The Simpoe technology for plastic injection simulation was originally available to use in 1995. It originated in Taiwan and was used primarily in that general region. The injection molded plastic simulation program was originally created as a standalone solution but was made available as an embedded software solution for various CAD programs. The SolidWorks community in braced the Simpoe add-in as an injection molded plastic simulation application. In February of 2012, SolidWorks adopted two of the four levels that were available in the stand-alone product. SolidWorks chose to call their product SolidWorks Plastics. In 2013 Dassault Systèmes acquired Simpoe and fully implemented the Simpoe capability in SolidWorks Plastics. The Simpoe technology was introduced in 2015 as an addition to the CATIA role for designing plastic parts called Functional Plastic Part (FPP). In this application only the filling portion of Simpoe was used. The 2016 the first SIMULIA 3DEXPERIENCE offering was introduced and is known as Injection Plastic Part Engineer (INK). This added a much needed plastics filling analysis to the 3DEXPERIENCE platform.
Currently in INK the user can get a clear understanding of how a design part will function during the injection molding process using a thermoplastic material, even fiber-filled plastic. This package will capture everything that happens within the mold from mold close to mold open and part ejection. It will answer the very basic questions such as: Will my part fill? Will there be air traps? Where will my knit lines be? How much pressure is required to fill the part? And approximately how soon will cool to the point that I can eject the part? INK assumes uniform mold cooling so the designer does not need to worry about the placement of cooling lines. The meshing is automatic and selection of gate location is as simple as pointing to a location on your molded surface. An extensive database of plastic materials is included which contains the rheological data necessary for the completion of this analysis providing the designer an accurate prediction of their design parts functionality during the injection molding process. The designer can also have a better understanding of the packing process to understand how uniformly they filled the part to minimize localized shrinkage and sink marks by adjusting the gate sizes and location. The designer can also see the pressure created throughout the part, shear stresses, shear heating, and the effects of multiple gate injection. With the information given by INK the user can obtain a reasonable prediction of the cycle time as well as see the effects of their part design on the mold-ability of their part.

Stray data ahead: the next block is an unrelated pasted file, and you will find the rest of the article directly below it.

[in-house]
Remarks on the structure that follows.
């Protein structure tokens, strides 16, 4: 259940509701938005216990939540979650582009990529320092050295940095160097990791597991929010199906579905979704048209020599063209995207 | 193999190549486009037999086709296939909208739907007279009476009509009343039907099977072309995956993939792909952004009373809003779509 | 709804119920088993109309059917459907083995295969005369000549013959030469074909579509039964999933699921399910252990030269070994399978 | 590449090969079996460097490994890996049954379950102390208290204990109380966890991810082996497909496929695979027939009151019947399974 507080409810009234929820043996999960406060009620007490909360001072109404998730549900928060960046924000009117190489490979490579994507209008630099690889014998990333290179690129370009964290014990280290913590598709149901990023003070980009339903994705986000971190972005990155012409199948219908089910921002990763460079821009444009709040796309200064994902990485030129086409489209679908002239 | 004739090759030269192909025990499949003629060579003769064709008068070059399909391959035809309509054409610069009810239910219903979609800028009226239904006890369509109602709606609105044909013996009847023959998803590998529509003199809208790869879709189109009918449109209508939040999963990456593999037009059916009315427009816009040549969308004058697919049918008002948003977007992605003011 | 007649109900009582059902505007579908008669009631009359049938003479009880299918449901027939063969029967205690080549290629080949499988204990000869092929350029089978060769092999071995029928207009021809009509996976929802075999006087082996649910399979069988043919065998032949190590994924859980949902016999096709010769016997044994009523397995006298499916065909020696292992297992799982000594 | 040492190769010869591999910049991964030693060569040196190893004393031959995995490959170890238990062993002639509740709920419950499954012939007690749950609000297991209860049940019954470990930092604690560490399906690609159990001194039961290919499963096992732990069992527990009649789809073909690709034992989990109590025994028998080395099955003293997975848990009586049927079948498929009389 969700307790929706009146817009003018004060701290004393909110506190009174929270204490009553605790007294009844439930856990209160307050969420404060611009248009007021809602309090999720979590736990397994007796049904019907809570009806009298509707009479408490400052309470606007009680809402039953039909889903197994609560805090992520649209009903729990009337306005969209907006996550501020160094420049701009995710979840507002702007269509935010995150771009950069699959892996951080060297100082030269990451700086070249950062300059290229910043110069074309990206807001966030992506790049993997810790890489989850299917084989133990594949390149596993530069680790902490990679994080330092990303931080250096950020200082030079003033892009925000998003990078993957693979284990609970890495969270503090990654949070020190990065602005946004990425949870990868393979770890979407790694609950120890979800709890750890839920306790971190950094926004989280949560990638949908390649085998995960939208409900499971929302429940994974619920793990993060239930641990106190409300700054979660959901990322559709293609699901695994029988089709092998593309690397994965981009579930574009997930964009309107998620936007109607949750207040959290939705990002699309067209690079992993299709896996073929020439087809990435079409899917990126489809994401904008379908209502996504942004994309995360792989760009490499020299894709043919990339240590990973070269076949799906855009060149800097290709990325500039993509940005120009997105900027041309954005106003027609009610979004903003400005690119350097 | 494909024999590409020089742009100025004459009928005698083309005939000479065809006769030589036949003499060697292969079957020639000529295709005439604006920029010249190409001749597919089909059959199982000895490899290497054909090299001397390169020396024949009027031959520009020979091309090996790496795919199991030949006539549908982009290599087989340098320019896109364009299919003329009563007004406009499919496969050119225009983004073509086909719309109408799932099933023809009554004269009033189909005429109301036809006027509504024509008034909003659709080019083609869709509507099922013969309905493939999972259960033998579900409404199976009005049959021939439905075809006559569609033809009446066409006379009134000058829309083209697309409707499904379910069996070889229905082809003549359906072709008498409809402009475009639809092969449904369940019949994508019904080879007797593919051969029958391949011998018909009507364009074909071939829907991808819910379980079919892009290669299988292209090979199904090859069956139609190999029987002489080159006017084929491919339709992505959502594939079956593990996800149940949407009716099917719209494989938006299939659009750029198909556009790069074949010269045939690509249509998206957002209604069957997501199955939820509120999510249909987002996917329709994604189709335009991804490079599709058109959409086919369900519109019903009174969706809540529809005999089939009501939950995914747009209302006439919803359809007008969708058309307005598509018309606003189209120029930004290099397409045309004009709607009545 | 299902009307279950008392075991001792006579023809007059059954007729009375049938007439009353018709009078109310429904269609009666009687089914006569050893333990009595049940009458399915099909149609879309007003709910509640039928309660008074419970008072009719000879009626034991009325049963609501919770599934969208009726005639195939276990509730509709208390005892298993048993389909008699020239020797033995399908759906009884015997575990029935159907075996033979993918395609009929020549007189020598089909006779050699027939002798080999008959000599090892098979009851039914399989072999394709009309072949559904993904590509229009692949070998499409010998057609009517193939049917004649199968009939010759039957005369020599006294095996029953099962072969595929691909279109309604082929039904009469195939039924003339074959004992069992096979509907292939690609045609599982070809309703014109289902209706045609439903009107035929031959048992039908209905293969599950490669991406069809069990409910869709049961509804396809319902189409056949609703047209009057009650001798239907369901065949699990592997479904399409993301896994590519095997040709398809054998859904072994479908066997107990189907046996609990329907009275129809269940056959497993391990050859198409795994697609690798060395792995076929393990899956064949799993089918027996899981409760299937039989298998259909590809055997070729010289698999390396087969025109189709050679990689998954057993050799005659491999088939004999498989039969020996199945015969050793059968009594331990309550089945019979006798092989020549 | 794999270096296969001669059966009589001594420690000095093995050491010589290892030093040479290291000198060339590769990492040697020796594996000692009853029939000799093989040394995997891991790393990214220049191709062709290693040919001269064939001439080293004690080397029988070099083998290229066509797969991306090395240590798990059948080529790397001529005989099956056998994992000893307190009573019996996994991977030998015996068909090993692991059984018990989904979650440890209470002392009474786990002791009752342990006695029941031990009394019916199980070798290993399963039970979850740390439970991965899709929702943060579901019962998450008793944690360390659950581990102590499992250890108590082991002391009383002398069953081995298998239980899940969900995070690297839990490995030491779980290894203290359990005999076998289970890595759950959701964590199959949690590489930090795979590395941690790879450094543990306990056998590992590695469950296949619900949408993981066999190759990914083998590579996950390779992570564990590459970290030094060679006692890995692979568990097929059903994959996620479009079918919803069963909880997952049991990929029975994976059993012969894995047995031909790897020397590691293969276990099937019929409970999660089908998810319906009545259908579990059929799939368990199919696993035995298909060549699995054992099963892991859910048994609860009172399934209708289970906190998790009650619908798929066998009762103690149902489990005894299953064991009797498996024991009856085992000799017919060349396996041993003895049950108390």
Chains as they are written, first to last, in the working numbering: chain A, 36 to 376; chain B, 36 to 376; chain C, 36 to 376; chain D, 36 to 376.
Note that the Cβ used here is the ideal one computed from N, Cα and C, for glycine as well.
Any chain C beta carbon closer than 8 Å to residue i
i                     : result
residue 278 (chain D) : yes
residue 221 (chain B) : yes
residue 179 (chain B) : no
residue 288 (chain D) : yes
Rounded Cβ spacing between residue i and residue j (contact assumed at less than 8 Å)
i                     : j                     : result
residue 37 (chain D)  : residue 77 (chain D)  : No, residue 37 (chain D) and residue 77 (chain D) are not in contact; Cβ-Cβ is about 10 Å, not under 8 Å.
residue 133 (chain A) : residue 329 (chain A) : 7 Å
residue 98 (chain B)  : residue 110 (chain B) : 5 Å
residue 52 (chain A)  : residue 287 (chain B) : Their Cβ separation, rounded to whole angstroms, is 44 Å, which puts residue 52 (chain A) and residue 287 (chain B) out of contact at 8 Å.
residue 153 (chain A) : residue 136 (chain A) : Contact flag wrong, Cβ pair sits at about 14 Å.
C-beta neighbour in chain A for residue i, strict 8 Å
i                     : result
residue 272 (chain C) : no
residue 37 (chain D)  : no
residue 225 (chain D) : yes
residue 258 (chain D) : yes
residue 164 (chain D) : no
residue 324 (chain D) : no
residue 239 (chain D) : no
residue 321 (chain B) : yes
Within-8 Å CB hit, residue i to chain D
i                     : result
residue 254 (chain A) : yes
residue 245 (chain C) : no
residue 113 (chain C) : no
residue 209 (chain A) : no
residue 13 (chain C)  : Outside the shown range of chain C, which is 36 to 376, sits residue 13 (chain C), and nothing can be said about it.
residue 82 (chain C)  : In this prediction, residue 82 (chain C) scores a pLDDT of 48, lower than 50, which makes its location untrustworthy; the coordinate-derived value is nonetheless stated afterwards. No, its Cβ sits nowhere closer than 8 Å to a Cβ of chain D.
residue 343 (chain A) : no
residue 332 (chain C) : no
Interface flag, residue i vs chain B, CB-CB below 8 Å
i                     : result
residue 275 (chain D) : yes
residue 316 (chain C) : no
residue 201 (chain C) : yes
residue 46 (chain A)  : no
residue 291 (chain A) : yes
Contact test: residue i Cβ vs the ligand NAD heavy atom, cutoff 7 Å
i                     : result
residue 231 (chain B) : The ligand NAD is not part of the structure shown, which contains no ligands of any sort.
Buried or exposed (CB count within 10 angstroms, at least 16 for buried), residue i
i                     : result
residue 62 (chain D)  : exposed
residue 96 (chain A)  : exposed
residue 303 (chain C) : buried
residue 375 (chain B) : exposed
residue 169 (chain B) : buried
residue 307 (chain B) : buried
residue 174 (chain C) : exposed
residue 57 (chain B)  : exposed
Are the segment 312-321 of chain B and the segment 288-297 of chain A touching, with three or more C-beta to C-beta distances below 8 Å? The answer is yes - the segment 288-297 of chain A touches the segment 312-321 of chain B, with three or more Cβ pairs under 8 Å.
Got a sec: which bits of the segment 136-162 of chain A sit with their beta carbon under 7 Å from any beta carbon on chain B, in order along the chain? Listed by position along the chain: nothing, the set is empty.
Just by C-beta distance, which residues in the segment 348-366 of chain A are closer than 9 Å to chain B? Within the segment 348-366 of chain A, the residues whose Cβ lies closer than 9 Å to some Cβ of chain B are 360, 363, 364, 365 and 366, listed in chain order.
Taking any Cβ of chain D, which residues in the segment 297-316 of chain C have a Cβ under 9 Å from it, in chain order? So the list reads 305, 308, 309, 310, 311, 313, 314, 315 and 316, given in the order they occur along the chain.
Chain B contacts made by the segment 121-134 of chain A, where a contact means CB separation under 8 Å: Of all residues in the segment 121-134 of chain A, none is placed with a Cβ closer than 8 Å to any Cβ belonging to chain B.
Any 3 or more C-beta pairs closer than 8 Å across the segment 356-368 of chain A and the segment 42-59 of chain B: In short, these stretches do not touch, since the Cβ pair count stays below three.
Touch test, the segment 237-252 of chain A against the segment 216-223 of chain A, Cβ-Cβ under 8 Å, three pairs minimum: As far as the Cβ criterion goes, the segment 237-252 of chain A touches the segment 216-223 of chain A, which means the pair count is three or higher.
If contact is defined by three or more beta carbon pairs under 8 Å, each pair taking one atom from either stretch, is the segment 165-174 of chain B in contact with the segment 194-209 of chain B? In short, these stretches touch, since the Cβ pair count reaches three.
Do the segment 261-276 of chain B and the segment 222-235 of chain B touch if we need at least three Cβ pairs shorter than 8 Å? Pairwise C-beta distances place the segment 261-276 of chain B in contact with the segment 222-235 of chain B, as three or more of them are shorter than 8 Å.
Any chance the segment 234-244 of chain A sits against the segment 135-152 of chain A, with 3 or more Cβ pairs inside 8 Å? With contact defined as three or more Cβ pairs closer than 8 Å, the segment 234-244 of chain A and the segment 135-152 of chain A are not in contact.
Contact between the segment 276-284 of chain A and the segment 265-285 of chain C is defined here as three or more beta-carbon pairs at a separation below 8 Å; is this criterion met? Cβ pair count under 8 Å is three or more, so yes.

In 2017 the Plastic Injection Mold Engineer (IME) role was added to the platform. IME contains all the functionality of INK but adds to it the cooling analysis where the designer determines where the cooling channel should be to achieve realistic predictions of the temperature of the molded surface. This information is necessary to provide a more accurate analysis of part filling and cooling. With these results the designer can understand the residual stresses that occur at the time of part ejection from the mold as well as those stresses that remain after the part has been ejected from the mold and cooled to room temperature. This is important because the variations in temperature will affect the rate of flow of the plastic during the filling process and could affect the rate of cooling in the hotter regions of the mold. The INK application requires only one part body but in the IME application, many bodies can be present. These bodies would represent the modeled cooling channels and the virtual mold representation. The IME application will provide a more accurate prediction of the filling analysis than the INK application because of the prediction of the actual temperature of the molding surface.
The positioning of the INK application is best suited for the early stages of part design while the IME application would be necessary for advanced or final part design and mold design. Both applications can provide injection molding setup guidance with the IME providing a more accurate prediction because of the cooling calculation.
Improvements to both products are in the development stage so watch for those enhancements as they are released.
By Duane Sawyer